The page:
How does SPID propose to restore, extend and scale up the community rooms? After decades of neglect, we have finally secured funding to refurbish, extend and scale up the community rooms come 2020. We are in the development phase, and the proposed improvements are: restore original windows, fix dodgy electrics, fix leaks, replaster crumbling walls, provide proper fire exits, flooring, heating and facilities, create a new space using just one tenth of the garden, as funders require us to expand , extend greenery and roof garden , disabled access which still conserves the estates’ privacy, protective fencing and signage , free activities and cheap hire , pressure the council to invest in the whole estate
What consultation has SPID done on their refurb? We carried out a feasibility study with current users and residents back in 2016 when the garden was locked up and we had no funding. Since securing development funding and pressuring the council to open the garden, we have hosted three open consultations and five for Kensal residents only as well as carrying out surveys and continuing to fundraise. Our board and project board include Kensal residents who are also on Kensal’s Residents’ Association, and we have worked with them to negotiate a deal that’s in all our interests. Although creating an extension in the garden is a requirement of the refurb funding, reducing the green space lost is something the Residents Association asked us to do and we have responded by reducing the extension to just one tenth of the existing garden – which we are replacing by extending green space elsewhere around our building.
Why did SPID create The Burning Tower? SPID foresaw the need to dramatise the history of social housing and learn its lessons before it was too late. In 2016, the play was commissioned with the working title Home for Heroes. It grew out of our Living History program, where local young people interviewed people from Kensal, Silchester, Grenfell, Trellick and Edenham Way about their memories of estate life, During this research, Grenfell happened and became the play’s climax. The show takes its name from a tarot card symbolising the turmoil shaking society. We did not profit from the show, and insisted that those marketing the play made tickets available for free to estate residents. The Burning Tower’s assistant producer lost several friends to the fire and used the play as a platform for advocating social change. The play was described by The Guardian as a love letter to social housing. It secured unprecedented press and is being published and licensed out for free to council estate productions around the country.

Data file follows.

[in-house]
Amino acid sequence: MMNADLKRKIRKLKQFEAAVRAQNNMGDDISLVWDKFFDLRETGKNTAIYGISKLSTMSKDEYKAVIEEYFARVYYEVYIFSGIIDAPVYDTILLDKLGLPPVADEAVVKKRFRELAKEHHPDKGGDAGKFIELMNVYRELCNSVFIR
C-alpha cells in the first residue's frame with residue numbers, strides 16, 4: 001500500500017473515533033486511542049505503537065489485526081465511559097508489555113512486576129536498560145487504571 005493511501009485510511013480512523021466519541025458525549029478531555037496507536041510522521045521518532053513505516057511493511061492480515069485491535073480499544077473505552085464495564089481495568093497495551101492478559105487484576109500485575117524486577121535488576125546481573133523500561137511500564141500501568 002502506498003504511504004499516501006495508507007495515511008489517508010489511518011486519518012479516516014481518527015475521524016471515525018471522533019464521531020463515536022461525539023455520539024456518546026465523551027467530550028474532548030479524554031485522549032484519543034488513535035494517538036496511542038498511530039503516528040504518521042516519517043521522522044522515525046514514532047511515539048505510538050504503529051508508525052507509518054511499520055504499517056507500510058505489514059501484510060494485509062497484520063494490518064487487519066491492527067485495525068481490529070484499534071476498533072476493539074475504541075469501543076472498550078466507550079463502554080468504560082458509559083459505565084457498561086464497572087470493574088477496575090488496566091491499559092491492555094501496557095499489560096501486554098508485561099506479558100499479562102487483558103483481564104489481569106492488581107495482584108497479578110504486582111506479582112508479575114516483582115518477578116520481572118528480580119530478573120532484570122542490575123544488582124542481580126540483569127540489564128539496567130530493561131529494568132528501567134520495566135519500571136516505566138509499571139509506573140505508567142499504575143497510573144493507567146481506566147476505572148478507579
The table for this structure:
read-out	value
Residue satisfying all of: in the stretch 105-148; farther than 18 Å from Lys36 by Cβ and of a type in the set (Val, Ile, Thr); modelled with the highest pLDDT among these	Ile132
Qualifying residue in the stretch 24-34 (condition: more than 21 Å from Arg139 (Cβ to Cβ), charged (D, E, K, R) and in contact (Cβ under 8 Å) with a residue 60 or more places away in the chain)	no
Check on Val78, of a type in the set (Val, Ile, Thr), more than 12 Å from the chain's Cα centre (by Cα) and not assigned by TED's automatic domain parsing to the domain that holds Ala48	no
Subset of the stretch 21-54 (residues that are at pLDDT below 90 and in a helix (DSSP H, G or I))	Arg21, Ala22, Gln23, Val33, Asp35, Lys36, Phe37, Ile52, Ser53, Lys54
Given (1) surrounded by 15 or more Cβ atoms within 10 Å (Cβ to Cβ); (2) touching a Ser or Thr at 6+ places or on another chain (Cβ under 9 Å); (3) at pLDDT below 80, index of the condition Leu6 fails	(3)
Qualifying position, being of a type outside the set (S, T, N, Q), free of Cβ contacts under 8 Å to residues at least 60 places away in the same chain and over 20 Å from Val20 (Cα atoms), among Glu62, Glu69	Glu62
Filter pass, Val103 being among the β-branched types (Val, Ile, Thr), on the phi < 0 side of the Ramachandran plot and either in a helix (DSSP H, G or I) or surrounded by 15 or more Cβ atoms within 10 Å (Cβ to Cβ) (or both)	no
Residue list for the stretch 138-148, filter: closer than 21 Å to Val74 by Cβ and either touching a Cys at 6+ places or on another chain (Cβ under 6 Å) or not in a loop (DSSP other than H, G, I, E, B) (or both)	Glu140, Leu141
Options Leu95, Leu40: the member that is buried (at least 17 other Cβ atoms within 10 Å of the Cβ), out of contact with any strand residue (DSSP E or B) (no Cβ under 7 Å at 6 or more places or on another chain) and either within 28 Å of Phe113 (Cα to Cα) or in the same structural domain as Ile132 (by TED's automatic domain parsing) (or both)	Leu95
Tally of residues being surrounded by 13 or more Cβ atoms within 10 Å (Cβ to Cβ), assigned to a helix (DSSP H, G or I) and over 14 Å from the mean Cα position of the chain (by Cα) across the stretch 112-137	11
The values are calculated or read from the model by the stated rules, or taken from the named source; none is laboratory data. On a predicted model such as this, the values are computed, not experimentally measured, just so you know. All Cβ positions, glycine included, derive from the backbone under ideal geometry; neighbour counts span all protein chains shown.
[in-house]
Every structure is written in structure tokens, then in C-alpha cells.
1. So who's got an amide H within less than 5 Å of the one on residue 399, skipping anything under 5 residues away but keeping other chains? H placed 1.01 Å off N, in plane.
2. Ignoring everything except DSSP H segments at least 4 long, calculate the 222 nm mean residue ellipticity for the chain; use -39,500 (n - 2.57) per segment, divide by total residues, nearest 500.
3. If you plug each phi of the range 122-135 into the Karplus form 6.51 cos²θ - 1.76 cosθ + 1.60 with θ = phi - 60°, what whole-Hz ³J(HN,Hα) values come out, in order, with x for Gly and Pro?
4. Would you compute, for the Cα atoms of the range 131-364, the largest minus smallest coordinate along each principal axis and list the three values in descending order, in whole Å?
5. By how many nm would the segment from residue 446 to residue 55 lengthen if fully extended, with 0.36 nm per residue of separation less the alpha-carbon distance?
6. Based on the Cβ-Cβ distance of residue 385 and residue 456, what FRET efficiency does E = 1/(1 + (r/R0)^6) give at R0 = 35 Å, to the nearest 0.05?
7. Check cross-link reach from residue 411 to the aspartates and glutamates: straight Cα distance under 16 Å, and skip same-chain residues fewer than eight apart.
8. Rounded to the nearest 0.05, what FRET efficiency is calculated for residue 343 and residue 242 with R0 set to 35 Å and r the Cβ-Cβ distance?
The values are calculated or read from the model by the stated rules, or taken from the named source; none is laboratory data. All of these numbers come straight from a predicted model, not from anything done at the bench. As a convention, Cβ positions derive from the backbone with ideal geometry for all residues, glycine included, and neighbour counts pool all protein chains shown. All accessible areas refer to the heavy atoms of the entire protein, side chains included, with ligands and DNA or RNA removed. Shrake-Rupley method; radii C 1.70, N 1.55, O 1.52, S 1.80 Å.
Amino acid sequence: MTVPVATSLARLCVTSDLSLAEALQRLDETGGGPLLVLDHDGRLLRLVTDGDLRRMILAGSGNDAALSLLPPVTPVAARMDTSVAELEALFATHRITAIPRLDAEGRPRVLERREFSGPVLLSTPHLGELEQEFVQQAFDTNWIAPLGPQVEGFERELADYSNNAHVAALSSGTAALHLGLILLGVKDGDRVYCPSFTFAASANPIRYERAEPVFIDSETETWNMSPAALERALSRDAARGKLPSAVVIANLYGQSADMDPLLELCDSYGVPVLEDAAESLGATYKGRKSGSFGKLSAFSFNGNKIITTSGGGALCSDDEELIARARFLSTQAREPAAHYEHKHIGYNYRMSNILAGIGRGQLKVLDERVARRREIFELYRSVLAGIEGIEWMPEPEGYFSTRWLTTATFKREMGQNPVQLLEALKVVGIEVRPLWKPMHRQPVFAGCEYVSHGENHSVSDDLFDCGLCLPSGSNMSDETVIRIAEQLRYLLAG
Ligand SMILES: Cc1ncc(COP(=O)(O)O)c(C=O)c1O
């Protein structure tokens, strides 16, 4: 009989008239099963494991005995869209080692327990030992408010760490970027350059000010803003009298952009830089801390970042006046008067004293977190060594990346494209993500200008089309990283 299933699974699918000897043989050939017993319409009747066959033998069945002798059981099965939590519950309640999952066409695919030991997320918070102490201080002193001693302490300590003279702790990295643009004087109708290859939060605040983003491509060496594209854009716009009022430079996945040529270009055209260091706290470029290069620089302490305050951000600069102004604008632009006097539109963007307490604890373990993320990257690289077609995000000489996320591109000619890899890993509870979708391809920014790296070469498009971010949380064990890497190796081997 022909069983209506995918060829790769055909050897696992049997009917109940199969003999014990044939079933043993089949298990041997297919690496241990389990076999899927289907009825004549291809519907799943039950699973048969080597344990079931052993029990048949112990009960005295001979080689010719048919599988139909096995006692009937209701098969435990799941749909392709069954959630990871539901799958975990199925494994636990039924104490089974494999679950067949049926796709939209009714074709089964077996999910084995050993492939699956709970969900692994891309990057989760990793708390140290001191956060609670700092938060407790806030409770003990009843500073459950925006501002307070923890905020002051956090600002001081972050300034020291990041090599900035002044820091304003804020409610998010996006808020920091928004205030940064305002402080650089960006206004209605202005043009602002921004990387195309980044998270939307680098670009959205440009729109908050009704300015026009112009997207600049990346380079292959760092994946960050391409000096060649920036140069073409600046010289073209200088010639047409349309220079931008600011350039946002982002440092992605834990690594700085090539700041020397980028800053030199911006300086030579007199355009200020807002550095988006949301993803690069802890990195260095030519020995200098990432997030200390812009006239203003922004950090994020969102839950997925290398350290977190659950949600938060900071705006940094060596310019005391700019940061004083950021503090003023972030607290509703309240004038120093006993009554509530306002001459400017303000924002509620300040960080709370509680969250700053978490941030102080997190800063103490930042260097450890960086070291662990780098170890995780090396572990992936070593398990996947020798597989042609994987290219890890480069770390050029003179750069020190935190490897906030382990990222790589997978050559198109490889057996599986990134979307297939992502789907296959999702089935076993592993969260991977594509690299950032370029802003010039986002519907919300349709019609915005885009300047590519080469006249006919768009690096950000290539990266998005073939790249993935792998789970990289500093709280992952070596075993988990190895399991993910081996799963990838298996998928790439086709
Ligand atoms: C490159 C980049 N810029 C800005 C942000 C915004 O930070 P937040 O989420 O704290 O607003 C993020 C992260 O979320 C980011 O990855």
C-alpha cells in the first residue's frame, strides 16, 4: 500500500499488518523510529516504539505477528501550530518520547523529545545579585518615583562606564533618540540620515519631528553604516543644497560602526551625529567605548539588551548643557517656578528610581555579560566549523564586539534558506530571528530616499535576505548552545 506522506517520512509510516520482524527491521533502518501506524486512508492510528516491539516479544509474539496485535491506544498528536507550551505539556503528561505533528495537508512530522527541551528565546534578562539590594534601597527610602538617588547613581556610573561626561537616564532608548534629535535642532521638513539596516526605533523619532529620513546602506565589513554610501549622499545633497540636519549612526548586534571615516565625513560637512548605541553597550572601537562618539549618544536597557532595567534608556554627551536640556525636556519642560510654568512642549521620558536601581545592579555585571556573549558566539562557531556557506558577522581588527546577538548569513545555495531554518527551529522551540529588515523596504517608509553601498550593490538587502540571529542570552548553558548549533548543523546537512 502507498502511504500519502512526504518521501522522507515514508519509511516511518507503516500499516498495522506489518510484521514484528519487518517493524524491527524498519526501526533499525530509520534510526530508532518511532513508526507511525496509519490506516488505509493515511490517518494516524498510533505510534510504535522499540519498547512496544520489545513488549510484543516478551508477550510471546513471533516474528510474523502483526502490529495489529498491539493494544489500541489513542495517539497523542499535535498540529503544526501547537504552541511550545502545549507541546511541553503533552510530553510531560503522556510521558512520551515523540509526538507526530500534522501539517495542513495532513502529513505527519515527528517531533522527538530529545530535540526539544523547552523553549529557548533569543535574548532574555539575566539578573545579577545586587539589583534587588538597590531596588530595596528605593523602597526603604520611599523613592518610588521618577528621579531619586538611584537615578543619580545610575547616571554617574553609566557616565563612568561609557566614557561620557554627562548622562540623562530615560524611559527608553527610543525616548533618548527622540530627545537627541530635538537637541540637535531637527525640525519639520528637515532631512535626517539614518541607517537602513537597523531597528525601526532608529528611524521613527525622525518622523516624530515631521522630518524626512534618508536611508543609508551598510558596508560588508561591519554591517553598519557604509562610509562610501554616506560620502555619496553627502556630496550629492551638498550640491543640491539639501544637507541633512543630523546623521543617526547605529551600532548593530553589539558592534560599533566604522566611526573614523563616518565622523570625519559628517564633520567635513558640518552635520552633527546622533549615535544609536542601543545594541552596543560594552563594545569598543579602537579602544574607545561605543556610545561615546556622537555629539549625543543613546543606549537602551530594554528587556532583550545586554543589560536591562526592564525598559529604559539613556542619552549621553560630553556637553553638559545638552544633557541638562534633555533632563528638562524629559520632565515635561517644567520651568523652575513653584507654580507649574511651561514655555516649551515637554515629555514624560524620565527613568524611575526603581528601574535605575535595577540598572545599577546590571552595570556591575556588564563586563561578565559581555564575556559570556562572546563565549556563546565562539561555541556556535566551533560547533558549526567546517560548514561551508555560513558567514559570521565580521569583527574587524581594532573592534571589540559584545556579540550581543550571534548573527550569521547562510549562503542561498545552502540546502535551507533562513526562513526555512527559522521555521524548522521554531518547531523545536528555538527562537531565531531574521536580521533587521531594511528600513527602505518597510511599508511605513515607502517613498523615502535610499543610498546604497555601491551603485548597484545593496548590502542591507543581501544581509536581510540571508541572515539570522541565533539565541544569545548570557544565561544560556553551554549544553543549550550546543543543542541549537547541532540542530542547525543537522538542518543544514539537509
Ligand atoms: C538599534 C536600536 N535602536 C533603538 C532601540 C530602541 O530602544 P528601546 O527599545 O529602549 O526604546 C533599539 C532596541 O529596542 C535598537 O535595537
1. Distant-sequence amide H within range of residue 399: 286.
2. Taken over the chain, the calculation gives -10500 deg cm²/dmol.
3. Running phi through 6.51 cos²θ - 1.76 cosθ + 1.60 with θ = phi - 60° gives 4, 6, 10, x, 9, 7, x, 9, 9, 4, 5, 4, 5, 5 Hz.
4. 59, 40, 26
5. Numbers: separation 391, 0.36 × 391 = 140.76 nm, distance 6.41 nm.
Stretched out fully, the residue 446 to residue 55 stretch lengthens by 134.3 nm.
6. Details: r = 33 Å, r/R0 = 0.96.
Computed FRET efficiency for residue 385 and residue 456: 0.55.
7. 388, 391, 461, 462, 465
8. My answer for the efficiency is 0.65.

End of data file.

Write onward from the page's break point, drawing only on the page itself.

What free activities does SPID offer? Tuesdays we run Far Far Away interactive drama for 8-13 year olds 4.45pm – 6.15pm. Wednesday we run Kung Fu for adults 7.30pm-8.30pm. Thursdays we run yoga 12-2pm. Saturdays we run Living History to dramatise estates’ history for 13-25 year olds. We also create free youth showcases in the form of films, radio plays and theatre shows every 3-6 months, and we provide free tickets to local estate residents who want to see our professional theatre shows. Plus we’re gearing up for a new homework club, so watch this space.
We love what we do and we can’t do it without you so we’d really love to see you soon!